"English society and sense of humour are a part of me now. I wouldn't say I'm English, but I'm something in between German and English. What I love about being in London is the variety of culture. There is nothing here that you crave [he pauses]... except maybe sometimes a bit of silence, a bit of calm."

    Yet, no doubt wary that there will always be some headline writer ready to depict him as that "Crazy Cottager", he stresses: "I know I do get a reputation for being different. I do share some things on my website that show a different side of me; that illustrate what I'm interested in off the pitch.

    "But I don't think I'm a freak in football. I know that there is a way that the public like to see footballers, and a drawer that they put them in. But I can assure you that I have met a lot of other players who have other hobbies and other interests."

    But that fascination with Hasselhoff? That is stretching the concept of a hobby somewhat, isn't it? His appreciation for the actor is such that he ordered a pair of boots with "The Hoff" embroidered inside them. He subsequently sold them for charity. "You see, the special thing about them is that they had a 100 per cent goalscoring record," he explains. "I only wore them in one game at Villa Park, where I scored my first Premiership goal [his tally is two this season, including the Premiership's 15,000th strike, against Chelsea in December].

    "I didn't dare to wear them again, because I didn't want to spoil that 100 per cent record. I hope that the person who bought them at the online auction hasn't spoiled the record already. I think there's something magic about them." Hmm.

    It should be stressed that there is a more sober aspect to him, too. Volz is studying for his biology A-level, having already passed maths and French at that standard, with a view to applying for a university place once his playing days are over. "The reason I'm studying biology is that it helps me to understand my own body, and I've learnt a lot," he says.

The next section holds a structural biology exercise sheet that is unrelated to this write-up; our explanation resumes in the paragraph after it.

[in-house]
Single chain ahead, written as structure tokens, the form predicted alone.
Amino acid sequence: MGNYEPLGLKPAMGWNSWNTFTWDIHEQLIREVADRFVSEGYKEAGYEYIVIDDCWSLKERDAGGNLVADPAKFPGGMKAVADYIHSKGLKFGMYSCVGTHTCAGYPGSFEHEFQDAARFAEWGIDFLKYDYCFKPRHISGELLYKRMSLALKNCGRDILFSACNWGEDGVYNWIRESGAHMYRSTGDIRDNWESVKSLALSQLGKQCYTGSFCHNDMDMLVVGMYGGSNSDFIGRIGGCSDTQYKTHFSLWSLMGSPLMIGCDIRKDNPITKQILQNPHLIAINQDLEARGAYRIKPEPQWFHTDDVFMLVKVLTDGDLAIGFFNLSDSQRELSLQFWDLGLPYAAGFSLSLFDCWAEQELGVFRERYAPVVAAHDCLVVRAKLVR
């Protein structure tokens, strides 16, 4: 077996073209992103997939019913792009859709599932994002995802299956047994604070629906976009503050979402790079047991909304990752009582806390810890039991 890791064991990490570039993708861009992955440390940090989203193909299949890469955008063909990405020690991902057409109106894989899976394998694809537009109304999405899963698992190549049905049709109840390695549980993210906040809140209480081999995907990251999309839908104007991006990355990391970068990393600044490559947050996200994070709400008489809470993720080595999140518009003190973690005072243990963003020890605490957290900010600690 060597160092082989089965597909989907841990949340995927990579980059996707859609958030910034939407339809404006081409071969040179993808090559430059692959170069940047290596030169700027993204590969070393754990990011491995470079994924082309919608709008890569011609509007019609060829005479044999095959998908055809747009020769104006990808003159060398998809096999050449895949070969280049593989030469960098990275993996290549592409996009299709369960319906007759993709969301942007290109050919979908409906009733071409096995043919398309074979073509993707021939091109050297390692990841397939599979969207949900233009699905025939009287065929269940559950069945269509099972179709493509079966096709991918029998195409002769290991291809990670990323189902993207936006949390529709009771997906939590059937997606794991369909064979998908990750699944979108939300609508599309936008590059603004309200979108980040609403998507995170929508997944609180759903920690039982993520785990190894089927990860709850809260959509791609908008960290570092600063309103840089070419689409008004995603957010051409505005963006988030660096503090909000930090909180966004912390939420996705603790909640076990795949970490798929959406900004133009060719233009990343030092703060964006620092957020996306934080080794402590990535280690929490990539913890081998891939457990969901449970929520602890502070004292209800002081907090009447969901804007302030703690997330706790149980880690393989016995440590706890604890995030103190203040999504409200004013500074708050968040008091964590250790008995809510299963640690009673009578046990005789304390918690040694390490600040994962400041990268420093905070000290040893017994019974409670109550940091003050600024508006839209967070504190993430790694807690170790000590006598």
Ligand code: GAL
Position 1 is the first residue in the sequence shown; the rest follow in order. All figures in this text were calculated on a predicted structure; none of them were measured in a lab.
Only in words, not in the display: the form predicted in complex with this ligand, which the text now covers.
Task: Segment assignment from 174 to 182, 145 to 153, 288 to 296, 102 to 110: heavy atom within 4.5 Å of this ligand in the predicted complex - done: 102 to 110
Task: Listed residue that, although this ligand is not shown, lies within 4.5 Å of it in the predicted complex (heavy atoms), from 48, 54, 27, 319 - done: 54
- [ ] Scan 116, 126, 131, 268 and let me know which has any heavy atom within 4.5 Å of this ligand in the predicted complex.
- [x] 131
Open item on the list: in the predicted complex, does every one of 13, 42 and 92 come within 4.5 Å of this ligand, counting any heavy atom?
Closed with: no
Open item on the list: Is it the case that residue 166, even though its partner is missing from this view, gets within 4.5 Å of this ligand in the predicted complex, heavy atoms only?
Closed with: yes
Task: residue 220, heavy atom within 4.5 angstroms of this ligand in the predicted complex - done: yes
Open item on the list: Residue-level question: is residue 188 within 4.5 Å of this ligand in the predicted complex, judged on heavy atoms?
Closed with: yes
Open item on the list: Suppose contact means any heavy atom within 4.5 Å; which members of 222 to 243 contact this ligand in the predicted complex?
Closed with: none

He has considered becoming a physiotherapist. "But it's too soon to make up my mind. I have lots of interests and I could even see myself training for a career in the kitchen. I don't think I'll ever be better than a hobby chef, but who knows?

    "My trademark dish is a nice piece of steak, with mash and broccoli, that's not very hard. The problem is that, as much as I love making food, I eat it with a great passion as well."

    It is with such devotion, too, that he contemplates today's fifth-round tie; an opportunity for the London club whose Premiership status is relatively secure to visualise themselves being one of the first finalists to grace the new Wembley's turf. "I really enjoy the FA Cup. Once it gets past third and fourth rounds, that's when it gets to be really exciting, particularly with our League position, which is not too exciting, if I'm honest."

    Fulham meet a team accused of having serially underperformed in recent weeks. "Definitely," concurs Volz, who is the PFA representative at his own club. "No one at Spurs will hold it against me if I say they have underachieved so far this season, but it's still very dangerous to play them, because you've always got to fear that they'll play the football they're capable of."

    Yet - you can't allow him to escape the question - could not the same accusation be directed at his own team? Surely expectancy would have been rather higher at the start of the season?

    "You are comparing two completely different clubs," he retorts. "Both are in the Premier League, but we have completely different ambitions. Spurs desperately want to play in the Uefa Cup and push on to the Champions' League, whereas we said we wanted to finish in the top 10."

    Volz was present at the old Wembley the last time it staged a game: England versus Germany. His countryman Dietmar Hamann scored the only goal, which preceded Kevin Keegan's resignation.

    A thought occurs to him. "Maybe [as a German] it would be appropriate if I could become the first to score at Wembley, since Dietmar Hamann was the last. All we have to do is to get into the final."

    That may require rather more than Volz's optimism. But in the weird and wonderful world of this gloriously enthusiastic Anglophile, who would dare deny him that opportunity?

    from the Independent (newspaper article) sun 18th feb